May 17, 2011 – In today’s Montreal Gazette, MLI Managing Director Brian Lee Crowley and Stephen Blank discuss the barriers that are impeding the full recovery of the auto sector. Crowley and Blank write that there are a “number of public policy challenges, one of which is that the three NAFTA countries all continue to treat the auto industry – and others such as electronics, energy, and transportation – as discrete national businesses rather than integrated continental enterprises.” They outline a number of solutions:
In this decentralized, dispersed model of production, transportation infrastructure is as important as production capacity. Maintaining efficient, secure and sustainable border crossings is a pivotal issue.
But in the post 9/11 border management, security has trumped efficiency.
While U.S. President Barack Obama and Canadian Prime Minister Stephen Harper have agreed to work on reducing cross-border congestion through the creation of a perimeter security shield and by tackling the regulatory thicket that impedes our shared competitiveness, action on border congestion is needed immediately.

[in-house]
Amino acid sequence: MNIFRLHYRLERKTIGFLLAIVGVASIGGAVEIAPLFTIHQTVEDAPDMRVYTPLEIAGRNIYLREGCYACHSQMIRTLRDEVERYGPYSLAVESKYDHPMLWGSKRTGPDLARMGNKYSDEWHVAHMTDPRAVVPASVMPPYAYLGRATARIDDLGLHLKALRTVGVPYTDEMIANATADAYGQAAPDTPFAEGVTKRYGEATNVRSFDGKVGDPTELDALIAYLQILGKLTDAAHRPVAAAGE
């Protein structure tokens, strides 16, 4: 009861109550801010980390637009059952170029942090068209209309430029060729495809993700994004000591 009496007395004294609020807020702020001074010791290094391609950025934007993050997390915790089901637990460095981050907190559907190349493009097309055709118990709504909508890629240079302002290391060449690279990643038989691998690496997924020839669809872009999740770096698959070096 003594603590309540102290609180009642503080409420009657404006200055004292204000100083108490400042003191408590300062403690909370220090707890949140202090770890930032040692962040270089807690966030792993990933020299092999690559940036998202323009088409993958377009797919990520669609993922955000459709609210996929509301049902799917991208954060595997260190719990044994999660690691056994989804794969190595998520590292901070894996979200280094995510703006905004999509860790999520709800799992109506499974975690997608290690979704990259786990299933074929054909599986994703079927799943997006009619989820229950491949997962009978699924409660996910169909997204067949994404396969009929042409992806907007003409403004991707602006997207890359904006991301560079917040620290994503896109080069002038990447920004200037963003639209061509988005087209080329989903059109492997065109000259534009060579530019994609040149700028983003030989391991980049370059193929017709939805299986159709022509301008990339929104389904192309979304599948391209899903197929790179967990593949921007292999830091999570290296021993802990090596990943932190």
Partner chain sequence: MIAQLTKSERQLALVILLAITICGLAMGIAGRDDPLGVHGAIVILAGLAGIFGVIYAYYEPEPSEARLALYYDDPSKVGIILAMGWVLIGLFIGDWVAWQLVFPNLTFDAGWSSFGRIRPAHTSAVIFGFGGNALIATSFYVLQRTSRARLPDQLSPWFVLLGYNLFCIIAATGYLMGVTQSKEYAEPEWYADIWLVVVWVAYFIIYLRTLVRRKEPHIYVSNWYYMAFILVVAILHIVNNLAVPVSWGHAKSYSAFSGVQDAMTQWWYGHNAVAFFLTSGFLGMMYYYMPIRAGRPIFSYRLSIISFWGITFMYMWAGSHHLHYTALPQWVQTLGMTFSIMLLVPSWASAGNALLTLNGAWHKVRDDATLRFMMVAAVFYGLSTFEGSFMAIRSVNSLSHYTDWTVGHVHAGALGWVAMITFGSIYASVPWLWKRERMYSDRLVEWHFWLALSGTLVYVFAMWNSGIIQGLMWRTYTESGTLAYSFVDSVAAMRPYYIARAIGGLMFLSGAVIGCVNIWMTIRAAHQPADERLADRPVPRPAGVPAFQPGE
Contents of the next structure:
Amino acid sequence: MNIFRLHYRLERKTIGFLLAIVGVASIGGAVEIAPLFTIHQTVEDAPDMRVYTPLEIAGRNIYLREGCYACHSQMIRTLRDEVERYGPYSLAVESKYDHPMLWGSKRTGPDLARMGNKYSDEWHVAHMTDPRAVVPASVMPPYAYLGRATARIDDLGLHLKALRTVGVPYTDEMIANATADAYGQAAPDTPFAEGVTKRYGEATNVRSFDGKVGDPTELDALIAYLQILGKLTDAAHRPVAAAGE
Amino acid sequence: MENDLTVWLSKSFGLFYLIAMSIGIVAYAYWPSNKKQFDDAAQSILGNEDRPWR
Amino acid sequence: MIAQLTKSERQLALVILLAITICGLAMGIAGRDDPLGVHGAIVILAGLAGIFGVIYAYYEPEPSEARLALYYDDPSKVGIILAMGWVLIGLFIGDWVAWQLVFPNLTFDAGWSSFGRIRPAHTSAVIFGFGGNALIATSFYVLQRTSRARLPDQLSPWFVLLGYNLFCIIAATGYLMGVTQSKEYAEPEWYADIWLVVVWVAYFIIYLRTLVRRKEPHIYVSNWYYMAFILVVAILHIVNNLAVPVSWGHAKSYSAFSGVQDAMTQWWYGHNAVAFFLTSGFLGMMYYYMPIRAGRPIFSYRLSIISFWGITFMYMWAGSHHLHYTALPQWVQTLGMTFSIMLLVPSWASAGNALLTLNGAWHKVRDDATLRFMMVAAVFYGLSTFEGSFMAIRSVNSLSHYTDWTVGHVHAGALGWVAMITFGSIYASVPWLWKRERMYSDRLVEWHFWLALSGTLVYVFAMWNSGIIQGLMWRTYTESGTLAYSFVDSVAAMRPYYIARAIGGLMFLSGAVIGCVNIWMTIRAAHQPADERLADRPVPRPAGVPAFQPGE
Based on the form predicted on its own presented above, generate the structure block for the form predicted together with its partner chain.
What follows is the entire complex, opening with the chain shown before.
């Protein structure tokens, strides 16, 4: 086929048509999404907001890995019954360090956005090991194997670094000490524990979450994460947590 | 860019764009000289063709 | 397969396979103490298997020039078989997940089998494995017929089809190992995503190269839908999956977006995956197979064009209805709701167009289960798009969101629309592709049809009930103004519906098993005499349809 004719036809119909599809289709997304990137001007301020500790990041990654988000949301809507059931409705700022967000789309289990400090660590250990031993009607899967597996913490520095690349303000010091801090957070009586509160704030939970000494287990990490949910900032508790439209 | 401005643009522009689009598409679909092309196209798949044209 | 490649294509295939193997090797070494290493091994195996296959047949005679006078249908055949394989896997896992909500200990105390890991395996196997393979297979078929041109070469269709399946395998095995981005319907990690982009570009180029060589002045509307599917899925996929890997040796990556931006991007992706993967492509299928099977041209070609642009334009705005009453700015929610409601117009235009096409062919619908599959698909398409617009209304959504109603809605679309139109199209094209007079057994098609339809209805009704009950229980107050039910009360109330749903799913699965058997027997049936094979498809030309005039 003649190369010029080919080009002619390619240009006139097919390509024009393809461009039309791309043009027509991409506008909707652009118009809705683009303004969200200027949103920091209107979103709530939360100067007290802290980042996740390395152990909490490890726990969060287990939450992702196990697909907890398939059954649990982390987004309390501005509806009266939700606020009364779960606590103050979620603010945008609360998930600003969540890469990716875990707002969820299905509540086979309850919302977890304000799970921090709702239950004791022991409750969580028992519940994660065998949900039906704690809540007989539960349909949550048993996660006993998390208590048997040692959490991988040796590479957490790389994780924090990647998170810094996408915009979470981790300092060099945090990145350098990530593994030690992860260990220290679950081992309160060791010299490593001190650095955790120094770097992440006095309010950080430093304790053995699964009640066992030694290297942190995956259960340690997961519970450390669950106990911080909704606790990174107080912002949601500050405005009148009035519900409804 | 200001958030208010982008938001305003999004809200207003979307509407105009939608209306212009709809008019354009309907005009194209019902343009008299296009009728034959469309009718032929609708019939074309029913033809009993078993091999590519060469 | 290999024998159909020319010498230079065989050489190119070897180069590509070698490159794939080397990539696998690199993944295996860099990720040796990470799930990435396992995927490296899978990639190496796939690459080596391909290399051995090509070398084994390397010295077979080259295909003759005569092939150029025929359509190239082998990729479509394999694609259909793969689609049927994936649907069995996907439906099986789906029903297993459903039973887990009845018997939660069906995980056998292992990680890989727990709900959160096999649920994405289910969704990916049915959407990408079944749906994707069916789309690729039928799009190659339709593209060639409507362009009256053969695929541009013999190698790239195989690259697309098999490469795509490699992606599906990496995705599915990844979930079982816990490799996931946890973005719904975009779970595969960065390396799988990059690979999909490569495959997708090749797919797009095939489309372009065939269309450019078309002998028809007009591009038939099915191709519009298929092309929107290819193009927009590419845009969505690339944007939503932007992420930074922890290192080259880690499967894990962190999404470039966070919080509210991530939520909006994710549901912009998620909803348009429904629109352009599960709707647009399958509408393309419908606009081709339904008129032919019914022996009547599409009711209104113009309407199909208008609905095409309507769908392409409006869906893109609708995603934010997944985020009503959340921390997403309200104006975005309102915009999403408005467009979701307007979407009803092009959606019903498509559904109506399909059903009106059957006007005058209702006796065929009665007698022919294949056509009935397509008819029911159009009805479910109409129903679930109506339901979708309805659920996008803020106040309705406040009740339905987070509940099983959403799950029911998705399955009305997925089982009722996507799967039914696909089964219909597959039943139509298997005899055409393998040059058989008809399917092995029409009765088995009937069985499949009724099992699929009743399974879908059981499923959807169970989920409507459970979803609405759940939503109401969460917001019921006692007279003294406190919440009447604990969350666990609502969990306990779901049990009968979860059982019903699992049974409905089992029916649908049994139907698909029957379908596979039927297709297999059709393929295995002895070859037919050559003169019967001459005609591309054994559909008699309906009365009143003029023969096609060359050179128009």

For example, Obama should intervene immediately to mitigate the special-interest objections to the construction of a new border crossing at Windsor-Detroit, where roughly a quarter of U.S.-Canada trade crosses.
Brian Lee Crowley is managing director of Canada’s Macdonald-Laurier Institute (MLI) and Stephen Blank is Senior Research Analyst at Arizona State University’s North American Center for Transborder Studies. MLI recently published Mr. Blank’s, Driving Continental Integration: Auto Manufacturing and the Future of North America.